The role of big-data in clinical studies in laboratory medicine

Zhongheng Zhang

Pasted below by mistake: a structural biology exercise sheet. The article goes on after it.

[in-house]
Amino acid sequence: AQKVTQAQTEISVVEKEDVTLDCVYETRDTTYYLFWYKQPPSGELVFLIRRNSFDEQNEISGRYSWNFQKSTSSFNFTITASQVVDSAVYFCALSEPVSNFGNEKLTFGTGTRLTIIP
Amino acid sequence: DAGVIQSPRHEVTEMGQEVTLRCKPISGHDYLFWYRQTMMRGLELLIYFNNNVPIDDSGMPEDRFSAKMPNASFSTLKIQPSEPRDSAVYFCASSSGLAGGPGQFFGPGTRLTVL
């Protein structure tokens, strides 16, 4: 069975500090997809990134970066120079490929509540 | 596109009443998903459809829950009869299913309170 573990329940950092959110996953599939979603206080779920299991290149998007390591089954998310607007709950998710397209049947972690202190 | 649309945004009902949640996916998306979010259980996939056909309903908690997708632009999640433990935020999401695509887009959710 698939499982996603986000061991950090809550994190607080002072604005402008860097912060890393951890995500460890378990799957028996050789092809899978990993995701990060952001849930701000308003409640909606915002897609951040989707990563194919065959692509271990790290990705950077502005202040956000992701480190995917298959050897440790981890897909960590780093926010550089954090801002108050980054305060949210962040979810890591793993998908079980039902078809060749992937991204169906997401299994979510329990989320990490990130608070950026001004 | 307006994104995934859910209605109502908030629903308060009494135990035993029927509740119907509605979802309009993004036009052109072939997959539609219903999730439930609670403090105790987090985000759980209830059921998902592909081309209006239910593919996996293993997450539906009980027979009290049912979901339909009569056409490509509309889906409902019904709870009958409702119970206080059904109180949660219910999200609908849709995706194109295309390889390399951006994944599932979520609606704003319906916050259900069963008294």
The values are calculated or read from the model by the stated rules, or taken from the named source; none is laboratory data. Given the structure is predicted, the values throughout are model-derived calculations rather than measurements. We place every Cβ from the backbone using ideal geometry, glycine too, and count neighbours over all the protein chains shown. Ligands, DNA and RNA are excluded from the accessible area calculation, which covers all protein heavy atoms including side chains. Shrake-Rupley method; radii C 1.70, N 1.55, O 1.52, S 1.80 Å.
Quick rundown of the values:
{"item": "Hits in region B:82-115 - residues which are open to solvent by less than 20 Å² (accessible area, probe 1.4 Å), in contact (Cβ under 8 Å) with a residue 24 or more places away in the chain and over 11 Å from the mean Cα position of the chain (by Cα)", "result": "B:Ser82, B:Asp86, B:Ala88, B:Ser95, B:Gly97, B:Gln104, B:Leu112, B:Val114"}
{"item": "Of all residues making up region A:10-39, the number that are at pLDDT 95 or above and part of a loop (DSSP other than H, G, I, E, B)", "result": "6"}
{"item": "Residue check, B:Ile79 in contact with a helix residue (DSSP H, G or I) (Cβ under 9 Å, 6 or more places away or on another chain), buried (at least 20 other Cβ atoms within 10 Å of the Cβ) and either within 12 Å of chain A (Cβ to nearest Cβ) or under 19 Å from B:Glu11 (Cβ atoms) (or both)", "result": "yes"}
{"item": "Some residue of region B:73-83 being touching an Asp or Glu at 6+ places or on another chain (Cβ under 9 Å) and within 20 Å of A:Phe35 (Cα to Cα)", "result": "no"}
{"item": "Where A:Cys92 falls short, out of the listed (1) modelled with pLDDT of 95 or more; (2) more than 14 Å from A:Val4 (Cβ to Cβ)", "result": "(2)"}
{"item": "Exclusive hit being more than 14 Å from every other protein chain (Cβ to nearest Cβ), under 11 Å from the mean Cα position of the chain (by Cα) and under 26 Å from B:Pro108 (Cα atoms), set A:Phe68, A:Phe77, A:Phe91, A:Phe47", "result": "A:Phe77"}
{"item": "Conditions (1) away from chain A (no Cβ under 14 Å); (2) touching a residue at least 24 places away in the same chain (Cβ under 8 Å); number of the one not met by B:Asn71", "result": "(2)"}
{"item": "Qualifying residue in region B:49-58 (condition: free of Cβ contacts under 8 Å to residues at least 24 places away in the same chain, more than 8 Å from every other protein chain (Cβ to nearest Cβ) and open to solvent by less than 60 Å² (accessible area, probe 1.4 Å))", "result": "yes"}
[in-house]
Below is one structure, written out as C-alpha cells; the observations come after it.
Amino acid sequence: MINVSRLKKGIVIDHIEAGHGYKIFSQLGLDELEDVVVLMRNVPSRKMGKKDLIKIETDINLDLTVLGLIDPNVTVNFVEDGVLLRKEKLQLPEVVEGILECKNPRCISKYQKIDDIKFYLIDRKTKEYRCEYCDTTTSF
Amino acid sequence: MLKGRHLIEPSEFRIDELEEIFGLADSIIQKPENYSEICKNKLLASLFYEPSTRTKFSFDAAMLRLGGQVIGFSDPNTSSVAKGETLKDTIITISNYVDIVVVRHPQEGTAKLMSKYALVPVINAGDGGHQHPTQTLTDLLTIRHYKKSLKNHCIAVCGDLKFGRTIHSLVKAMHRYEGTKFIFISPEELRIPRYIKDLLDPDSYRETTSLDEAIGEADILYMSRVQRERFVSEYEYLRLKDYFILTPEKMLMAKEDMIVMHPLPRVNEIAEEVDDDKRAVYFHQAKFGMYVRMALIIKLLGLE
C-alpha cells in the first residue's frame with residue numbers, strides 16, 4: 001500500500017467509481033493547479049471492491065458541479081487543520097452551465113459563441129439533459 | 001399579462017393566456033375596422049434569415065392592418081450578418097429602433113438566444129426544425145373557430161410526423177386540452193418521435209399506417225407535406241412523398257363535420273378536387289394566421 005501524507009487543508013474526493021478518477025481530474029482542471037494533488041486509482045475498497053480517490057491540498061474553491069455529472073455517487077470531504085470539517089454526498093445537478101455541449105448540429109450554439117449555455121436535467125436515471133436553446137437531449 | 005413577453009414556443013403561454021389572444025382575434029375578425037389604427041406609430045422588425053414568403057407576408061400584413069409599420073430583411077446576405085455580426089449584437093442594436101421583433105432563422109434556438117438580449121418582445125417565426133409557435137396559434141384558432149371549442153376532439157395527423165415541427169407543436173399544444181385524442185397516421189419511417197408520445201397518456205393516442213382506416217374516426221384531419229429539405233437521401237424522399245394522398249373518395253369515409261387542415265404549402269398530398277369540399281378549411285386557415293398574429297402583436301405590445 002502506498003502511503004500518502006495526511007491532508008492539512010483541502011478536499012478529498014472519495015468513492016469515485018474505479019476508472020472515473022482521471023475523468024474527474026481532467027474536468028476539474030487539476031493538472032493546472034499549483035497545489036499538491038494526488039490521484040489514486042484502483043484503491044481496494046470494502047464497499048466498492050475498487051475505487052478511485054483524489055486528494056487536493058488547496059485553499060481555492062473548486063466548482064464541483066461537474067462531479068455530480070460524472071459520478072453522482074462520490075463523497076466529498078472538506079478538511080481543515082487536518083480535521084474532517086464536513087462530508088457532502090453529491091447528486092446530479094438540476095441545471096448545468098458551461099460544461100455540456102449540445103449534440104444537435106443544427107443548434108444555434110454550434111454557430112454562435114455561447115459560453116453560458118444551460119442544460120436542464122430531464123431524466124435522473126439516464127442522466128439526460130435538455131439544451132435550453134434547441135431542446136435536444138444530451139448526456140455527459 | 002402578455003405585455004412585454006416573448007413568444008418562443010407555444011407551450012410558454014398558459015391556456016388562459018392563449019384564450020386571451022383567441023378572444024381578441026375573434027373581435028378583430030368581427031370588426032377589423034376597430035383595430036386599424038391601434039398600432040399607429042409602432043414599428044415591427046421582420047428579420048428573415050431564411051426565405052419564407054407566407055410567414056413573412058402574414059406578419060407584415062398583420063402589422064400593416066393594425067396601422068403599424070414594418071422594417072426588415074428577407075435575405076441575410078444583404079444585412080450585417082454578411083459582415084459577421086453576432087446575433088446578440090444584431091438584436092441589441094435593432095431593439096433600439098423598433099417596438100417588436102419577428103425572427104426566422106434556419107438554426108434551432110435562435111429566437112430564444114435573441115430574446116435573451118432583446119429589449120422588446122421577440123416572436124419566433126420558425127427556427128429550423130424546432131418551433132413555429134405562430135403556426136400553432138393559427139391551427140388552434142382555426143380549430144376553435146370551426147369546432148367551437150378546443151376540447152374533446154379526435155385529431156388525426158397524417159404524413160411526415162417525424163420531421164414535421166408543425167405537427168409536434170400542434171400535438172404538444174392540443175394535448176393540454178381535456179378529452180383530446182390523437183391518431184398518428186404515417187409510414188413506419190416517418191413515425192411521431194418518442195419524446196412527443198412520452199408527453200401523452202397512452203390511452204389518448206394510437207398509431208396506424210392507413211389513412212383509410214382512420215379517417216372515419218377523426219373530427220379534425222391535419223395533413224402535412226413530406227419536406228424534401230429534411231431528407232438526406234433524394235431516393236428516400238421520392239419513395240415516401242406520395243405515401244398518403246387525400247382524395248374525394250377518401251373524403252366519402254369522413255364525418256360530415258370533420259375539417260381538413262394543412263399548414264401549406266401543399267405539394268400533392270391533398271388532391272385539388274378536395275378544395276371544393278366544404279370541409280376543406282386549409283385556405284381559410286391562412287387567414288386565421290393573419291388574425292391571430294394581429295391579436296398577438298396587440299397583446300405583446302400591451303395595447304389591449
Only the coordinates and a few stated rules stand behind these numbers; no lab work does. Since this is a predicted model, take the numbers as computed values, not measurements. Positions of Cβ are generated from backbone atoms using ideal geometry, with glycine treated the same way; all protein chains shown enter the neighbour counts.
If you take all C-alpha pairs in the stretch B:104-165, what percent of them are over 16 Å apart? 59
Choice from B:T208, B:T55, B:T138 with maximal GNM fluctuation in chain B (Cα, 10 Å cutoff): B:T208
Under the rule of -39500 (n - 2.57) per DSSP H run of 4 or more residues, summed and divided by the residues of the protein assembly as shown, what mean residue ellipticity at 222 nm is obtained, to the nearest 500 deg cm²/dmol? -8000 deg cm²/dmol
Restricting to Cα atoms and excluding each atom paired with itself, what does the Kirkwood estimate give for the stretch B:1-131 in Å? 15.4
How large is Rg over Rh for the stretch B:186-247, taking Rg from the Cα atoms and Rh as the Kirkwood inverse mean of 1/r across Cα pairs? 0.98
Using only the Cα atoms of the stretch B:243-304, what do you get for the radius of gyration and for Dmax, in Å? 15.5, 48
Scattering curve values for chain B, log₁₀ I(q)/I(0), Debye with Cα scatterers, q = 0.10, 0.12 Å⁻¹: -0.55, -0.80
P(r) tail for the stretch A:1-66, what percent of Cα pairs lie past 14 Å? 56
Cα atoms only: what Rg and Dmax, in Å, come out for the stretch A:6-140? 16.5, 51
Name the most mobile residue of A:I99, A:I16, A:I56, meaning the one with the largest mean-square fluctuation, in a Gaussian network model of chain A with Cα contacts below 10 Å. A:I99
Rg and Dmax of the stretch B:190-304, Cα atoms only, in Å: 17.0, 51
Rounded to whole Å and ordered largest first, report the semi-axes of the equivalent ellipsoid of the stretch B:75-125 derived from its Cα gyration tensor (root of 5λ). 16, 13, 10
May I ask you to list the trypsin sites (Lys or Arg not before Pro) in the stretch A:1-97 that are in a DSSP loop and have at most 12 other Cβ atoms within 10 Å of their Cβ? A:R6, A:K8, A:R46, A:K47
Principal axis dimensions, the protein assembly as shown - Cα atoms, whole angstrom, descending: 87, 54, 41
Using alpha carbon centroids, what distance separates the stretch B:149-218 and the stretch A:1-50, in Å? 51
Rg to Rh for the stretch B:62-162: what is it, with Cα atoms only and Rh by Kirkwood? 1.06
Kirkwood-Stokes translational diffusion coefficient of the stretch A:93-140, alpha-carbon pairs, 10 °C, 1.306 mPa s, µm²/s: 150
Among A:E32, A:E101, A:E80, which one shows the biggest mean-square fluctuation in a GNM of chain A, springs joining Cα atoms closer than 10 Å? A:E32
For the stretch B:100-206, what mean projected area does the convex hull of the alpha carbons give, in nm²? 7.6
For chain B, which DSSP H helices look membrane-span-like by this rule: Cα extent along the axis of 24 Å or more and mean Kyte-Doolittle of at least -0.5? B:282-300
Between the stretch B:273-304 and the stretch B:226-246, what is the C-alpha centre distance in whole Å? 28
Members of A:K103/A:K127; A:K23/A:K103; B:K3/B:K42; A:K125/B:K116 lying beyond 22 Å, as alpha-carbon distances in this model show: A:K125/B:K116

The primary aim of laboratory medicine is to make an accurate diagnosis or risk stratification. A diagnostic tool is said to be useful if its diagnostic performance is good, but it cannot be routinely recommended for clinical use unless it also provides clinical benefits in patient-important outcomes. The latter condition is the effectiveness of the diagnostic tool. While the gold standard of effectiveness relies on randomized controlled trials (RCTs), big-data clinical study employing electronic healthcare records (EHR) provides an alternative to provide evidence to guide decision-making. RCTs are limited by their strict inclusion/exclusion criteria, high cost and ethical constraint. EHR contains data on patient-level granularity and can help to disentangle complex research questions. The Achilles’ heel of observational studies (e.g., big-data study is a kind of observational study in nature) is uncontrolled confounding. Although it is still impossible to control for unmeasured confounding factors, the re-use of EHR helps to control as much confounding as possible. As compared with registry and administrative databases, EHR contains more detailed information on demographics, drugs, procedures and operations. Recent decades have witnessed exponential increase in the application of machine learning techniques in laboratory medicine and these novel techniques continue to provide advanced tool for better prediction of diseases.